If your business is applying for working capital, chances are you might be overwhelmed by the different financing options. Two of the most notable products, merchant cash advances (mca) and small business loans, can be beneficial to small business owners. Still, it's important that you fully understand these products - especially their differences. After all, you don't want to spend time applying for financing that isn't the right fit for your business!
What Are the Differences Between Cash Advances and Small Business Loans
Qualifications and Application Process:
The differences between loans and merchant funding start with the application process and prerequisites.
- Business Loans: During the loan application process, the lender will ask you to submit bank statements so that they can review your annual revenue. Also, they'll probably pull your credit to review your business and personal credit scores. Although your credit history will affect your qualifying status, depending on the type of loan you're applying for, some lenders have less stringent qualifications. For instance, if you're applying for a secured loan, your credit score might not matter as much since you're submitting collateral to secure the loan.
- Merchant Funding: With cash advances, your ability to qualify depends on your business's credit card sales. Usually, funders like to see that applicants receive a large number of credit card transactions in small amounts, because this makes it easier for them to fulfill their obligations. We'll go into this in further detail later in the post!
While some (but not all) business loan lenders may require collateral, you won't have to pledge collateral when applying for merchant funding. This is because the funder will be taking a percentage of your business's future credit card receipts, so this is the only asset you'll be pledging.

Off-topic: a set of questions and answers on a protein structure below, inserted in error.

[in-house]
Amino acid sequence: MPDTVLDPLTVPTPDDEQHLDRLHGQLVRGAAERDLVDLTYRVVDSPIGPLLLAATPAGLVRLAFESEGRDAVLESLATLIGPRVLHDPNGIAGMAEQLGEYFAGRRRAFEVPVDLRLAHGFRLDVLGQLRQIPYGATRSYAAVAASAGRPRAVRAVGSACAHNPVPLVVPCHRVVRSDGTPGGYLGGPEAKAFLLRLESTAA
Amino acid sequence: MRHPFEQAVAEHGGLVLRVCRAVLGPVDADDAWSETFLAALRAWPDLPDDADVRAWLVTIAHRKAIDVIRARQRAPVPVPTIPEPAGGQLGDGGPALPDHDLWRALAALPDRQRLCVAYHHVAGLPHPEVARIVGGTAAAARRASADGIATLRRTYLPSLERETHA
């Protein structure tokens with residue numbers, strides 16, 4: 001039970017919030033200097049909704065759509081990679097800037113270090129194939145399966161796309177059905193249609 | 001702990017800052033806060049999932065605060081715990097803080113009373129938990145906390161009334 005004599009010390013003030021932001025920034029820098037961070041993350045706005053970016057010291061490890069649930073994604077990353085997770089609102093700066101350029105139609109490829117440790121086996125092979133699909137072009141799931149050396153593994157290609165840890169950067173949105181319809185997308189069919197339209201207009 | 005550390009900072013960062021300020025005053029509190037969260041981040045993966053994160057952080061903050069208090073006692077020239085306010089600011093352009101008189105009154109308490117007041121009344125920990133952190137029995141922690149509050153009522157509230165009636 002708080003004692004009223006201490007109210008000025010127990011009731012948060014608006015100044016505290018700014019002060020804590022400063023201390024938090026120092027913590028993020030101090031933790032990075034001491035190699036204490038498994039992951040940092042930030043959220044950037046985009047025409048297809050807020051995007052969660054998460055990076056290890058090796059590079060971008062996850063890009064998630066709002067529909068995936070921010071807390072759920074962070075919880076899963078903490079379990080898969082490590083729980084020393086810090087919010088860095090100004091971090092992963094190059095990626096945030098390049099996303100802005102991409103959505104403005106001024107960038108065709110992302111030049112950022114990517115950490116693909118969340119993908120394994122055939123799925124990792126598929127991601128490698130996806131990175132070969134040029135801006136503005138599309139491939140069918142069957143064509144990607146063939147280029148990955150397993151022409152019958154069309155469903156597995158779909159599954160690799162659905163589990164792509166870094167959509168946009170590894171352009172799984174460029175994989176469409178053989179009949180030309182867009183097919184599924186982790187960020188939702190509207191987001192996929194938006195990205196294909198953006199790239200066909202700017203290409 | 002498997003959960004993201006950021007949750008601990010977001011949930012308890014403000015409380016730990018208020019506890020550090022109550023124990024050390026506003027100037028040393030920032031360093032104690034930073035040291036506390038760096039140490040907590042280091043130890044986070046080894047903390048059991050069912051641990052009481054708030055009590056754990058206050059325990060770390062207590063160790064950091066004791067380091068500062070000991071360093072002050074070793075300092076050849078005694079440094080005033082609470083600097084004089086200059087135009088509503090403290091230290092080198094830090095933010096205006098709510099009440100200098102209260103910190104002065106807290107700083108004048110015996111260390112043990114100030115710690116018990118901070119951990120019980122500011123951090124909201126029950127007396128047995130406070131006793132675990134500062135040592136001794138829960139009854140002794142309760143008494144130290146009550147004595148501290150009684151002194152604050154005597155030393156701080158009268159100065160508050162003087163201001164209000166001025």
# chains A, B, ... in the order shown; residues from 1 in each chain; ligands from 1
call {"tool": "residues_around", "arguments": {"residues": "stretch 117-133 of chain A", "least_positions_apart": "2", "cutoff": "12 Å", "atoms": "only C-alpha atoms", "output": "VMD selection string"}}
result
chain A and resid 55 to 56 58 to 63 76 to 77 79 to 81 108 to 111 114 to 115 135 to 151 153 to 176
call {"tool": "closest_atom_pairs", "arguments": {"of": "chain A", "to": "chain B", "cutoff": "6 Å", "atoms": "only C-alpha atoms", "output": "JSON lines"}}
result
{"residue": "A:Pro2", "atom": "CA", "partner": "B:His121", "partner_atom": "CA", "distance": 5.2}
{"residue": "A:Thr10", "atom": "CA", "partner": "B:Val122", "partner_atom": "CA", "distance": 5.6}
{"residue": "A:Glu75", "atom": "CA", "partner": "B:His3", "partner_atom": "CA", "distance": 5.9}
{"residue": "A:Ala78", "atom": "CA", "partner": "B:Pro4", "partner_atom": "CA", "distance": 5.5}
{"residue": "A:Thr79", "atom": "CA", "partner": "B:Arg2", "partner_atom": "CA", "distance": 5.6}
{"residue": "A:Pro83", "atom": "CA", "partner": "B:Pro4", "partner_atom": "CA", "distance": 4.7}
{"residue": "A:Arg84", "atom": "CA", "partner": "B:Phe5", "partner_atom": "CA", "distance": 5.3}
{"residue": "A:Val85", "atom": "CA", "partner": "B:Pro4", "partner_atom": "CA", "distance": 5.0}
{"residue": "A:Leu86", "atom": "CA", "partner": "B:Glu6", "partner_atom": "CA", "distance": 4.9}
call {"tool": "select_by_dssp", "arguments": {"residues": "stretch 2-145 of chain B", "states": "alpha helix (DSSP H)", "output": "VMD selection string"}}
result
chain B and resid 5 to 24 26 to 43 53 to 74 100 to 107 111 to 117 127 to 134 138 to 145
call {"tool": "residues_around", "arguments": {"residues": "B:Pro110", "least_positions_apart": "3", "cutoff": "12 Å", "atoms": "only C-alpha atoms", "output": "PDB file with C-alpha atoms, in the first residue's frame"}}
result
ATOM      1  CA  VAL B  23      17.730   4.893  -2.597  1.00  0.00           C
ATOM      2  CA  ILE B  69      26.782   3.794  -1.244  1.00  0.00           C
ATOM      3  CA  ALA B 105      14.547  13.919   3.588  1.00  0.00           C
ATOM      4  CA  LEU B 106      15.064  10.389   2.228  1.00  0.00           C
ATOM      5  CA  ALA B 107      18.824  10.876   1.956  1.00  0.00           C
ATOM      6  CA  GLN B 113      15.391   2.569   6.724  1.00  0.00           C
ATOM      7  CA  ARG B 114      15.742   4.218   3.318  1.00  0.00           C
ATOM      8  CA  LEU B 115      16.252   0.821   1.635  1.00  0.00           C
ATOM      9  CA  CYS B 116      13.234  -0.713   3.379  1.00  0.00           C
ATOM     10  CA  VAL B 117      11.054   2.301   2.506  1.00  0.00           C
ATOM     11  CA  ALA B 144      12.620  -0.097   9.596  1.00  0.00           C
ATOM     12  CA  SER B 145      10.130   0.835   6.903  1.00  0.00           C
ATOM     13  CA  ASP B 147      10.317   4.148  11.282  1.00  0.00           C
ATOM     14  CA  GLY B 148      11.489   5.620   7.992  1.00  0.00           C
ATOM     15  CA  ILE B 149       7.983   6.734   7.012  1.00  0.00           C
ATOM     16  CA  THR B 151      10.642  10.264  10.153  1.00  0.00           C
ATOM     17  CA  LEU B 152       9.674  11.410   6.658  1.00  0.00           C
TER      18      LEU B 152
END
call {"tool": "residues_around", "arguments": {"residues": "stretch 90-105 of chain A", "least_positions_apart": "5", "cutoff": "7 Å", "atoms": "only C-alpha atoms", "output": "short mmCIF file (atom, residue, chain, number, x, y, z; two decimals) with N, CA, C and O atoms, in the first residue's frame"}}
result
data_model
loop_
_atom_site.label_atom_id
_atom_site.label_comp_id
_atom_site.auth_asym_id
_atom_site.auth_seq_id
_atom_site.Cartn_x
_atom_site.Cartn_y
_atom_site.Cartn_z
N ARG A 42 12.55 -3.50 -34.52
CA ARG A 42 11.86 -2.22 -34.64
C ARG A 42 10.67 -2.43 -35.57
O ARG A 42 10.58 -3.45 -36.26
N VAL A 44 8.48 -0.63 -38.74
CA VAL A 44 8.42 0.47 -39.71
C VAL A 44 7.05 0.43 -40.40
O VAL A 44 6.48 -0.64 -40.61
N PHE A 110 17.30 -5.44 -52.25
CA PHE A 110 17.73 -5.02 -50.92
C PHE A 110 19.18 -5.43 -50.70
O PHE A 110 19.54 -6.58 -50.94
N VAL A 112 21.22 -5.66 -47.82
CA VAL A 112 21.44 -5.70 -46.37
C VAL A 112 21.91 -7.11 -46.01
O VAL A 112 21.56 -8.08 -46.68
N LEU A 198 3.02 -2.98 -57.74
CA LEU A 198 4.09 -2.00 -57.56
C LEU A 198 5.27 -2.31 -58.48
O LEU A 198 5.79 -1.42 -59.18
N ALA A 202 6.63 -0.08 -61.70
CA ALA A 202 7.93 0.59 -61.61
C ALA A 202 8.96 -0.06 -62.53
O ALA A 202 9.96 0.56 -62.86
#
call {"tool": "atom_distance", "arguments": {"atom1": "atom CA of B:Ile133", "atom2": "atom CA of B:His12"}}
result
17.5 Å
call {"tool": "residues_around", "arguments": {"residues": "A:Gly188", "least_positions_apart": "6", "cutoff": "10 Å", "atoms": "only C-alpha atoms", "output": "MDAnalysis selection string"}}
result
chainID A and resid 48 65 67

Typically, both loan and merchant funding providers allow recipients to spend their financing on whatever they please. One exception is Small Business Administration (SBA) loans, which come with restrictions depending on the type of loan that you're applying for.
Industries that Benefit:
Although most businesses can benefit from a business loan, cash advances have a bit more exclusivity. This is because not all businesses accept credit cards as payment. Without receiving credit card sales, your business won't qualify for merchant funding.
Industries that typically accept credit cards that can flourish with a cash advance include, restaurants, retail stores, auto repair shops, and salons (just to name a few examples). However, a construction company that gets paid in installments at the beginning and end of a project (not via credit cards) will be better off applying for a loan.
As we previously mentioned, when you receive a cash advance, you’ll receive a lump sum, in exchange for the funder receiving a percentage of your future credit card sales. Therefore, the remittance will be based on your credit card sales at the time. If sales slowdown, you'll remit a lower amount than you would if you made significant sales. This can be beneficial if your business experiences ups and downs in terms of sales.
In comparison, when you accept a term loan, you'll be required to make a certain payment amount on a specific schedule. This will continue until you've repaid the loan amount. Also, some lenders have prepayment penalties, so you won’t want to pay off your loan prior to the term’s end if this is the case.
Is a Cash Advance or Business Loan Right for You?
It's important to realize that cash advances and business loans aren't the same product. They differ in numerous ways, and one might better suit your business than the other. Regardless, if you’re interested in pursuing either of these options, please check out the Fora Financial website to see how they can help!